• Backpacks: The book directs that backpacks should be placed on your lap or at your feet. Now, I don’t know about the rest of you, but I often carry a backpack, and if I am riding a train full of footy fans the last place I am going to put my backpack is at my feet; after all, I actually want to keep the stuff inside it, and chances of becoming separated from it during the surge of fans toward the stadium are pretty high. If, on busy trains, more time was allowed for people to get on and off, and more “holding on” points were available so that those not getting off could stand further from the doors, then I would be happy to put my backpack on the floor (as it is I never carry a backpack on the footy trains anyway, and in fact I try never to be on them, but for many people that kind of crowding is an everyday reality).
  • ‘Special needs’ seats, feet on seats, and littering: These problems are caused by rude people, for sure, but they are also listed as offences subject to fines on all trains, so one possible systemic solution is simply to have more train inspectors and issue more fines. Better still, though, would be to provide more seating on each train, not have seats facing each other (which also leads to other uncomfortable social situations) and providing rubbish bins on the trains near the doors.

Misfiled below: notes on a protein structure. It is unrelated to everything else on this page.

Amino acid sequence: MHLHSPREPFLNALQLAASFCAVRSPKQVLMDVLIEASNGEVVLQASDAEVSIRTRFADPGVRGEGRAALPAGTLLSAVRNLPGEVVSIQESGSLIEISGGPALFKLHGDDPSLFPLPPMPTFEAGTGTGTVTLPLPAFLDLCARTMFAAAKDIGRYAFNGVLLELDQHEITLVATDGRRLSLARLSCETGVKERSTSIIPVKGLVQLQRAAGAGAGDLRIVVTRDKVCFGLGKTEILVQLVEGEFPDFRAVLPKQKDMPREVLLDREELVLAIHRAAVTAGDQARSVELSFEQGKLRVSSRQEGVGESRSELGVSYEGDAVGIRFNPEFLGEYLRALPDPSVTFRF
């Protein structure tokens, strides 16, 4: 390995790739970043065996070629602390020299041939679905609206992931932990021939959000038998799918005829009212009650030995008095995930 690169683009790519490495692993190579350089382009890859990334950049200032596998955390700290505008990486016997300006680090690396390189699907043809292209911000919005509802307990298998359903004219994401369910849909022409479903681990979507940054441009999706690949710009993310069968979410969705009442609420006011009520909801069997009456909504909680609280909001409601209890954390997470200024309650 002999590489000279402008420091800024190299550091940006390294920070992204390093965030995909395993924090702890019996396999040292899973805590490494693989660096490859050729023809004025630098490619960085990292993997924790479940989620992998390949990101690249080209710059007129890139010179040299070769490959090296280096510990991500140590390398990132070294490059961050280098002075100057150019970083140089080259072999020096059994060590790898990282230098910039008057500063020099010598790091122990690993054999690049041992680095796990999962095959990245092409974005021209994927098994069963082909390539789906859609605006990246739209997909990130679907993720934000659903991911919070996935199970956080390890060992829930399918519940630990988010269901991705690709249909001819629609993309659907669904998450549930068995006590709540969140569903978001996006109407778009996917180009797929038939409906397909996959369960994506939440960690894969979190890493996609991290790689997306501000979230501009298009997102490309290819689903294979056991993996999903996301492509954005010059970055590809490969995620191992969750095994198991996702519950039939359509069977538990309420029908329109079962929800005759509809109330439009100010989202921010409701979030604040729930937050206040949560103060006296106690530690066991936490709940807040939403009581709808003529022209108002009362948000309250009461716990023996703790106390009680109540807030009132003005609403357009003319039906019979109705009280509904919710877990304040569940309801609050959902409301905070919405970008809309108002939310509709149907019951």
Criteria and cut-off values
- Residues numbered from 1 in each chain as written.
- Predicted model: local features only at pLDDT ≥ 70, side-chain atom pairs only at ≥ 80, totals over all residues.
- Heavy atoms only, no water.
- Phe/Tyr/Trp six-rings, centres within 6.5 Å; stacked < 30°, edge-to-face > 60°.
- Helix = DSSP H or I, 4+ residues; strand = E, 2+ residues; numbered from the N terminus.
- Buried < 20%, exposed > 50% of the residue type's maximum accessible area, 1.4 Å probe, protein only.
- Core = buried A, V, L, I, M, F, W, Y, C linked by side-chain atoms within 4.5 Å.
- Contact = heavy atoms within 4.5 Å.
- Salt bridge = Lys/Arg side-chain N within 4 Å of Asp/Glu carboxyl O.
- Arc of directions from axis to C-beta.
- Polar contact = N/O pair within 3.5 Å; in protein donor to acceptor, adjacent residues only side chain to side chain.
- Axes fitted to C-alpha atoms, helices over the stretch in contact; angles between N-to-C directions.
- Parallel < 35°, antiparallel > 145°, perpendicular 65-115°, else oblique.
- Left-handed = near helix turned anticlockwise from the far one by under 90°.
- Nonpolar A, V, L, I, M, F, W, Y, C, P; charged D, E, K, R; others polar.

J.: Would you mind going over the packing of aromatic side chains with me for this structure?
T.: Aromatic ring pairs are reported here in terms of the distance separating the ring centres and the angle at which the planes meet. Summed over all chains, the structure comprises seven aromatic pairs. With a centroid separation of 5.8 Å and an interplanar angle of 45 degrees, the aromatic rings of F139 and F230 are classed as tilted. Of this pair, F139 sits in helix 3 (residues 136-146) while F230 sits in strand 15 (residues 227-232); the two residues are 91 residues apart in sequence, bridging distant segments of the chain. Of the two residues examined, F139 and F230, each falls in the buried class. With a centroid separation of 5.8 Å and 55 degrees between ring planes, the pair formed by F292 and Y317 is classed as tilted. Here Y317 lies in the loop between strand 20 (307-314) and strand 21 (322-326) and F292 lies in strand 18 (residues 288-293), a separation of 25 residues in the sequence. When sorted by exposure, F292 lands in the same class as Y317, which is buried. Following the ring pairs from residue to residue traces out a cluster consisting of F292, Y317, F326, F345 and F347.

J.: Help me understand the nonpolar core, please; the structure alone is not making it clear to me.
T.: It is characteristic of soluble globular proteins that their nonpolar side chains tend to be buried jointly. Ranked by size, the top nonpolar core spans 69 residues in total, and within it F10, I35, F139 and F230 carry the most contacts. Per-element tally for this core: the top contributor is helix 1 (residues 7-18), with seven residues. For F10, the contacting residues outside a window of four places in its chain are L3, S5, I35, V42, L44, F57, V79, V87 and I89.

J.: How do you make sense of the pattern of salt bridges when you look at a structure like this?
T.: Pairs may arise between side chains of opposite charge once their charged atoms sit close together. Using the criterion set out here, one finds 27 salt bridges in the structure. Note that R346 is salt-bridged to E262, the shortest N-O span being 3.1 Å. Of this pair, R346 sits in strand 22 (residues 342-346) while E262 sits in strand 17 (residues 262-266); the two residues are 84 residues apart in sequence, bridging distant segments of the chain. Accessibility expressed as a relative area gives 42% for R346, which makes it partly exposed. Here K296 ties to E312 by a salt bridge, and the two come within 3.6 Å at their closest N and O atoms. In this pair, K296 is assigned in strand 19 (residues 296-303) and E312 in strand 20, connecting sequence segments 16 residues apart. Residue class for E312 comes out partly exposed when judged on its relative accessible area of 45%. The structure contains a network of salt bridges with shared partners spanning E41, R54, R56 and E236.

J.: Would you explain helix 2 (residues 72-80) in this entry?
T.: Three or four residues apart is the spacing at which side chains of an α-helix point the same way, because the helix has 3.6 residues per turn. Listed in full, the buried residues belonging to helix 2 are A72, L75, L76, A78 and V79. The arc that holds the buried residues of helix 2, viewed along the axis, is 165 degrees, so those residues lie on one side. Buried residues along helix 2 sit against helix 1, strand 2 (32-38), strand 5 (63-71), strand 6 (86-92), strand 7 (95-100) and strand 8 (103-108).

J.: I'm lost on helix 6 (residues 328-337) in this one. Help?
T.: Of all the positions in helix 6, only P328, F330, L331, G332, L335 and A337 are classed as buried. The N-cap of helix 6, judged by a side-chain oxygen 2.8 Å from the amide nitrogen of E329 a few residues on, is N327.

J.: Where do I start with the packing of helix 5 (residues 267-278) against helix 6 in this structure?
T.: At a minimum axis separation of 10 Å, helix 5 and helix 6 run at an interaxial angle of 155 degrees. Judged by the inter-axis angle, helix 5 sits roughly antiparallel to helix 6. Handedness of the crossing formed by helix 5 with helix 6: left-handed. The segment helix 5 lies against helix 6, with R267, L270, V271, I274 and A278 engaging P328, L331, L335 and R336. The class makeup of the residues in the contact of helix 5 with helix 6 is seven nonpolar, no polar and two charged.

Of course, you can do everything in the world to make it easy for people to do the right thing, and some people still aren’t going to do it, such is human nature. However, in any system (and trains are a system) your money is much better spent making it easy for people to to the right thing (or use the system correctly) than retrofitting documentation, signage, and penalties to prevent them doing the wrong thing. I wish Connex had spent the money they spent on this campaign adding handstraps to the trains, because I know for certain that would have made riding the train easier, but I have yet to see any difference as a result of the booklets. For a post about trains that have some nice usability features (though not in so many words), see Tony’s post about Japanese trains.


5 Responses to “User experience in the world, or “I got Connexed””

  1. 1 Tony Friday, September 21, 2007 at 10:12 am